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© Hrvatsko narodno kazalište u Varaždinu

Svečano otvorenje kazališne zgrade u Varaždinu

Ceremonious Opening of the Theatre Building in Varaždin

A Brief Historical Overview of the Theatre to 1873


The theatre building was opened in 1873 as the Civic Theatre in Varaždin. This name remained until 1945, when it was named the Croatian National Theatre in Varaždin, but after four months it became the Augusta Cesarec National Theatre. Although it was civic, it has been called the Croatian National Theatre in Varaždin since 1994, and in 2013 it was formally granted national status, and thus the name itself gained true significance.

The theatre in Varaždin has a long tradition; in the Student Theatre of the Jesuit High School in Varaždin, Dr. M. Vanino, in 1917, recorded data on performances from 1636 to 1771. The performances in the high school building were of religious significance, in the moral – educational spirit of the Catholic Counter-Reformation – the actors were students, and the spectators were wealthy citizens, clerks and officers. Jesuit plays were performed in Latin, and the first recorded play in the Croatian language in Varaždin was Tomirida – Croatico idiomate in 1771.

In the middle of the 18th century, when Varaždin was the capital, performances were held in noble palaces as part of frequent dances and unrestrained parties of fashionable high society. Count Patačić, wanting to build a theatre in Varaždin, bought two plots of land for that purpose in 1768, but because of his luxurious life, he soon gave up and sold them to settle his debts.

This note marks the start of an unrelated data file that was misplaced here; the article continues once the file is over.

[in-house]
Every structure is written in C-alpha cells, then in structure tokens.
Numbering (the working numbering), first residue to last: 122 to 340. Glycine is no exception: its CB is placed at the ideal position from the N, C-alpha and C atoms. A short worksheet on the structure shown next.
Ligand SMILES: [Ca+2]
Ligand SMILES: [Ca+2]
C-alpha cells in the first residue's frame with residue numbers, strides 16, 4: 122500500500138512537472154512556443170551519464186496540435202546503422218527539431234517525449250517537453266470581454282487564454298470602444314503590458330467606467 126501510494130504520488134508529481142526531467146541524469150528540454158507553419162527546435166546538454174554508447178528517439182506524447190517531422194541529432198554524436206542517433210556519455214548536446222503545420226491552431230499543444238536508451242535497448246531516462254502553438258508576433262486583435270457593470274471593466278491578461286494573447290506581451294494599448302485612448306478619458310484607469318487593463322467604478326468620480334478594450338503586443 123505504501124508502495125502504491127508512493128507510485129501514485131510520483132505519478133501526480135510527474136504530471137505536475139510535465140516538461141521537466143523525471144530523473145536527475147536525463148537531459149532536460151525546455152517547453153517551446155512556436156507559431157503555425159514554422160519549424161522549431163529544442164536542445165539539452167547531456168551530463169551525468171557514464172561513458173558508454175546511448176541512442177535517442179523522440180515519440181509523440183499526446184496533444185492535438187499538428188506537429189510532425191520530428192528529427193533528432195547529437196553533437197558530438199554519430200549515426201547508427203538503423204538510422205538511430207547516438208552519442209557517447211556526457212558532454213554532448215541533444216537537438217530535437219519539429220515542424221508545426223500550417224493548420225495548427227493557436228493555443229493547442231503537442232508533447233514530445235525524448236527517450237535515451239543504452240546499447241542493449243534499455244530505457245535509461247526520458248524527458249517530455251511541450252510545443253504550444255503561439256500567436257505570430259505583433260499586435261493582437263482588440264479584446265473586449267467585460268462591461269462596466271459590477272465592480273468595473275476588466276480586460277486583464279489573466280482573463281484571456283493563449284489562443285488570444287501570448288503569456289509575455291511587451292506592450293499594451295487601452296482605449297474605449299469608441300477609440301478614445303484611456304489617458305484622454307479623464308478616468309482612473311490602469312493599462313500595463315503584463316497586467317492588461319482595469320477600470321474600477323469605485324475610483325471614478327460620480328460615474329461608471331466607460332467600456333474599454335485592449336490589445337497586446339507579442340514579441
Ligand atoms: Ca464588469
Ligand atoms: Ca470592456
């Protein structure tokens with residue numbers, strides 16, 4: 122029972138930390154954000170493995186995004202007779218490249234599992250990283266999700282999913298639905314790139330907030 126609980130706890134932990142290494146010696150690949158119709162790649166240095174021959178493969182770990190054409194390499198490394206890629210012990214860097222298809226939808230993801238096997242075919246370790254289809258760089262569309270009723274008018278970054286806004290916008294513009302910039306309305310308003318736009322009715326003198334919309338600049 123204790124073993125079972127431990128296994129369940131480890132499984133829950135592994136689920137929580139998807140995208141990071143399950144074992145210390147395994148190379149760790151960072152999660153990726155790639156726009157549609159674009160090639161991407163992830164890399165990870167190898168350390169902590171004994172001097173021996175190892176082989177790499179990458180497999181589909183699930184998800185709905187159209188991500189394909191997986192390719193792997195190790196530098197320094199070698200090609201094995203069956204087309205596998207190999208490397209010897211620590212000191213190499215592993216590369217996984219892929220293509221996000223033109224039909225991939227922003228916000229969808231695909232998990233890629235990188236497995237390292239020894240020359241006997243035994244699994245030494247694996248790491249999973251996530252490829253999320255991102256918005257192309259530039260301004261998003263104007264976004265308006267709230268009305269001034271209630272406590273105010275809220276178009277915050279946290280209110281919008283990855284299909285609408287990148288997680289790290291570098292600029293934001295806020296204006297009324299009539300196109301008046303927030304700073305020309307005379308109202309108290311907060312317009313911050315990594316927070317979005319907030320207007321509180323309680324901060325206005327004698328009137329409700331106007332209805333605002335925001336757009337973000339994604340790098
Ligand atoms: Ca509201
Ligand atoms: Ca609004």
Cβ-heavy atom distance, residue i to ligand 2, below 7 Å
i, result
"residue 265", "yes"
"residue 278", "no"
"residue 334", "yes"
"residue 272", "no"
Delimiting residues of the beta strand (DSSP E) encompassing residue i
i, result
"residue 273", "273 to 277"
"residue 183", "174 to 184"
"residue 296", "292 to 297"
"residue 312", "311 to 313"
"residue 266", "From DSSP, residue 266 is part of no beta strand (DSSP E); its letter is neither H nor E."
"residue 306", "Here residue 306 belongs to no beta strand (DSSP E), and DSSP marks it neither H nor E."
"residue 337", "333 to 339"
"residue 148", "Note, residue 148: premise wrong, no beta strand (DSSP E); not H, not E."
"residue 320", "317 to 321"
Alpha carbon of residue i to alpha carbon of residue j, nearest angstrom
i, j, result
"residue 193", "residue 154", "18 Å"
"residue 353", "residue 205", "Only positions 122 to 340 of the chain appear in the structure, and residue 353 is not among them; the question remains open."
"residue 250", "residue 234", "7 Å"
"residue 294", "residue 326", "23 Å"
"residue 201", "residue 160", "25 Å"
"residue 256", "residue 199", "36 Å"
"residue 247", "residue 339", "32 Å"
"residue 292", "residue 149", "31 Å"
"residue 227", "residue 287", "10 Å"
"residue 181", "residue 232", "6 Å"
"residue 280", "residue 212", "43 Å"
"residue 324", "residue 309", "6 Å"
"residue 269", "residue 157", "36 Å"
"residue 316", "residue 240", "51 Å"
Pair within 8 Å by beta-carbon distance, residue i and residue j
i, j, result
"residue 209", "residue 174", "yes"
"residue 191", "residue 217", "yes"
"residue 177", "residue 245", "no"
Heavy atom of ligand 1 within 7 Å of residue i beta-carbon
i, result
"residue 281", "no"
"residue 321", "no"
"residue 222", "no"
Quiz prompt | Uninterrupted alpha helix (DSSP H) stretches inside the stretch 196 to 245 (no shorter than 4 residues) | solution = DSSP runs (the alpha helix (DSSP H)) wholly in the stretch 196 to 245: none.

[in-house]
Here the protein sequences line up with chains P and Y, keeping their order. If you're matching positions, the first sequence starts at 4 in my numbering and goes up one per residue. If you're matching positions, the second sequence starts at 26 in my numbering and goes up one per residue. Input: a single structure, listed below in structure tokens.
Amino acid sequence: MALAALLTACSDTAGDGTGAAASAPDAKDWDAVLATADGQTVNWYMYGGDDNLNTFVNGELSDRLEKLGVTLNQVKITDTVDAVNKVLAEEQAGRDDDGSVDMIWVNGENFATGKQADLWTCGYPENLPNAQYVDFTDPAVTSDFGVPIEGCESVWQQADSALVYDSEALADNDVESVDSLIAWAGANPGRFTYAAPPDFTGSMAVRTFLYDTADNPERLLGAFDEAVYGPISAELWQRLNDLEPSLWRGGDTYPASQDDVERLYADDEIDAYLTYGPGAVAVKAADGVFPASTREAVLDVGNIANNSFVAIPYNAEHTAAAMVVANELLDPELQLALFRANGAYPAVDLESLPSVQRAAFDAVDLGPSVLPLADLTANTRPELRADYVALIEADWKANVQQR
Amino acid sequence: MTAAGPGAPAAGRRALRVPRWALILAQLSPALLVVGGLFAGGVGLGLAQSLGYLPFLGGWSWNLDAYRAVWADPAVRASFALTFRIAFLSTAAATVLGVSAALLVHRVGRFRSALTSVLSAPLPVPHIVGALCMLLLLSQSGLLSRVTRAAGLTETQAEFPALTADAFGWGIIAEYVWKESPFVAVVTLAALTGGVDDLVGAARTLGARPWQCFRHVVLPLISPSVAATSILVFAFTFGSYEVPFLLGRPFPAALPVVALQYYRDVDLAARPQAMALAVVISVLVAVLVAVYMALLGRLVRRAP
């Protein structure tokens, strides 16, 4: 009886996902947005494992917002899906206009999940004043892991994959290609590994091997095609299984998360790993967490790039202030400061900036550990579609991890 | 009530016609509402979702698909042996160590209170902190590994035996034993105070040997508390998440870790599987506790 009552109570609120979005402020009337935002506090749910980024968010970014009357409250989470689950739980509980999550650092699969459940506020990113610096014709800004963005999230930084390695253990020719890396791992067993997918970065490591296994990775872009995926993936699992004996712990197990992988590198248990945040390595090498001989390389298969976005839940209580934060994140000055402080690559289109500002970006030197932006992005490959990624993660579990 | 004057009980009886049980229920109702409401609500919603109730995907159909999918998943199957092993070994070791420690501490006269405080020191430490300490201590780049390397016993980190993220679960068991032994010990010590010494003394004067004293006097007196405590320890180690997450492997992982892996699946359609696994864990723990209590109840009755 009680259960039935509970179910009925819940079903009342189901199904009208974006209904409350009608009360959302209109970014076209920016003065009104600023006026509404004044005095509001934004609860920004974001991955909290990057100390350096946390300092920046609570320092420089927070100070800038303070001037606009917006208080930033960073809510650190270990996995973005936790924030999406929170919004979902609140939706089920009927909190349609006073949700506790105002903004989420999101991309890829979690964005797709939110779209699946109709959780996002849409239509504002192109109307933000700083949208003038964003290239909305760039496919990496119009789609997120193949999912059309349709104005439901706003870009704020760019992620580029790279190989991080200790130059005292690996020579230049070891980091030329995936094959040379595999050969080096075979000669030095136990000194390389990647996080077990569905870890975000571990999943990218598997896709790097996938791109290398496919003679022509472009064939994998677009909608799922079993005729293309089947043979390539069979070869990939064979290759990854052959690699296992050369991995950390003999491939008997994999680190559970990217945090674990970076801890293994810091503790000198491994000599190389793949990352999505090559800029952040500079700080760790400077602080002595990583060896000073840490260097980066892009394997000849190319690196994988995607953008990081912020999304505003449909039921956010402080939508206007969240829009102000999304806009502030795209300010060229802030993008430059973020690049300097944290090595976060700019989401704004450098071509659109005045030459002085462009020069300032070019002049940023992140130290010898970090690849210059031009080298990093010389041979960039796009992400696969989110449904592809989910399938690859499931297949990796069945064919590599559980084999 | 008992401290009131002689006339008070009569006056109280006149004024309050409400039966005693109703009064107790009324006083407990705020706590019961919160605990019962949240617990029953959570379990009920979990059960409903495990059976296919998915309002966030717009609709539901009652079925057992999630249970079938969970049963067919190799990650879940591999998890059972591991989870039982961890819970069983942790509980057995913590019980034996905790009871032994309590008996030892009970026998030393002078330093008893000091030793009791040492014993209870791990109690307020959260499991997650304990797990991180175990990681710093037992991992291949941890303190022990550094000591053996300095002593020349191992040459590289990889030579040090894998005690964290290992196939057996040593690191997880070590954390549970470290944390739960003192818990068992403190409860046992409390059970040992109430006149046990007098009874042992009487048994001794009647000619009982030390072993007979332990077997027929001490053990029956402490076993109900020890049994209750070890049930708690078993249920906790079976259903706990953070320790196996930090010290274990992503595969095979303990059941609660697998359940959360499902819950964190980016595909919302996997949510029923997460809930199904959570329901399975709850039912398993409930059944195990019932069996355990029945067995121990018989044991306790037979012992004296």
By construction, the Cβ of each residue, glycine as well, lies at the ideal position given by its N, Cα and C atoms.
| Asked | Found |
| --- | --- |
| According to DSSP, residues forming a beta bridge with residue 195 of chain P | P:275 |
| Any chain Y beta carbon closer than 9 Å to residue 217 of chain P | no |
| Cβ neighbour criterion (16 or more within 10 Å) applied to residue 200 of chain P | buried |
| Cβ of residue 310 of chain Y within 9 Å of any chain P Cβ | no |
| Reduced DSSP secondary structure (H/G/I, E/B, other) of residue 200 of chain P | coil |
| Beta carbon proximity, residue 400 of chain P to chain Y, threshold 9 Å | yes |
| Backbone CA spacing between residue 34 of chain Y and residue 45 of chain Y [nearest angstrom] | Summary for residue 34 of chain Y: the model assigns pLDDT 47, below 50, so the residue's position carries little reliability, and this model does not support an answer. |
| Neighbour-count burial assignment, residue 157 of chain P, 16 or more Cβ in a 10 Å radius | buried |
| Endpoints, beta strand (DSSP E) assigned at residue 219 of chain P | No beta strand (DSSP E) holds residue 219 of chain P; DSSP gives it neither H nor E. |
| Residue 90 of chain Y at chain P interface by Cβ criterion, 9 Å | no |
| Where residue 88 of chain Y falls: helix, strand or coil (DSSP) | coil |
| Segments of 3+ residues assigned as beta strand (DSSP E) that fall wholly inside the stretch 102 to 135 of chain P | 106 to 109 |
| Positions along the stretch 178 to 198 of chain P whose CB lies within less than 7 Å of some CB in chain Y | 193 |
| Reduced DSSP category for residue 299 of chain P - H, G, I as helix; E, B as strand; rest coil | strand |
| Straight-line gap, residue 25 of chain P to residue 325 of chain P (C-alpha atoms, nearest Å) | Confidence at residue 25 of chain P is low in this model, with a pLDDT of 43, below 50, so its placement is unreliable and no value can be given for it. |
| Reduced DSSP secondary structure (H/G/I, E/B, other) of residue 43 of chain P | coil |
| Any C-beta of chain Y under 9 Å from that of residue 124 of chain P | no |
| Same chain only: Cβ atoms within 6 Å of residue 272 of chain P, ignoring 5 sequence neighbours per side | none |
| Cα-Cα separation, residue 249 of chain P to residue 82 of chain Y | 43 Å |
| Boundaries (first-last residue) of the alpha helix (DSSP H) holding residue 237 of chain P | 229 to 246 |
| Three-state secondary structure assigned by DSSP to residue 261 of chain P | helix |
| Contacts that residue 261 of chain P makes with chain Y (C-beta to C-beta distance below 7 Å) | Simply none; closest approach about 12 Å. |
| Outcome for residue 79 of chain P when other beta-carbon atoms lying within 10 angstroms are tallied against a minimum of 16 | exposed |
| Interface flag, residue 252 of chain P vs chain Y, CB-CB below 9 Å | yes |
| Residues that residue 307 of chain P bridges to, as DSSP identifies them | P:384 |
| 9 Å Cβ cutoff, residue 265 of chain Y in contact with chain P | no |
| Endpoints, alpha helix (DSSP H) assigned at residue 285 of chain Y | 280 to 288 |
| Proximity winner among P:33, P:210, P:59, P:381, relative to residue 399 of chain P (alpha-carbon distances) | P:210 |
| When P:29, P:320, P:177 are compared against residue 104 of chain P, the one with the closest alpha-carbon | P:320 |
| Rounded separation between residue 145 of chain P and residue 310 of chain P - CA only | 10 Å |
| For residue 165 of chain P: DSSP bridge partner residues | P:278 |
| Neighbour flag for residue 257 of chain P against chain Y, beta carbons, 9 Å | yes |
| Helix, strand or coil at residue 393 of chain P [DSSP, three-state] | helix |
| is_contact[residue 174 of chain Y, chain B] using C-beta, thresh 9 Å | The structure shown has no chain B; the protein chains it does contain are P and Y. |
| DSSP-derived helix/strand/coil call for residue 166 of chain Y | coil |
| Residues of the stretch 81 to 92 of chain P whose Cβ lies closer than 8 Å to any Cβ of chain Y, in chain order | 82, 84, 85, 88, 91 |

The abolition of the Jesuit order in 1773, followed by a great fire, suppressed the idea of the need for a theatre. Since the end of the 18th century, German troops have performed in the former chapel of the former Marian confraternity, rebuilt in 1825 as part of the high school building.

The Mekovec House in Kranjčevićeva ulica served as a theatre for fifty years; performances were staged in the adapted space, and it was also a redoubt hall. A small stage with a red curtain, lighting with wax candles, insufficient in size for more lavish backdrops, could accommodate up to 350 visitors, and was almost always packed. Dramas and comedies and operas with a military orchestra were mostly performed by German troops. Dissatisfaction with the continuous tours of German troops led to the founding of the Society of Croatian Theatre Volunteers in 1860. There was also a guest appearance by Freuderich’s National Theatre Company from Zagreb, which performed plays in the Croatian language for three months. However, a further concession is given to the German theatre again. In 1870, outraged Varaždin patriots founded the Society of Volunteers for Croatian Theatre Performances, and Dragutin Antolek – Orešek, a well-known Varaždin lawyer, was elected president. In the same year, the Nemčić’s Varmeđinska Tavern or Who Will be the Great Judge? was premiered. The Pučki prijatelj notes that “the theatre rooms are completely full at every show” (May 19, 1870). No matter how successful the plays were, and the Volunteers were determined to have a permanent Croatian theatre in Varaždin, that did not happen.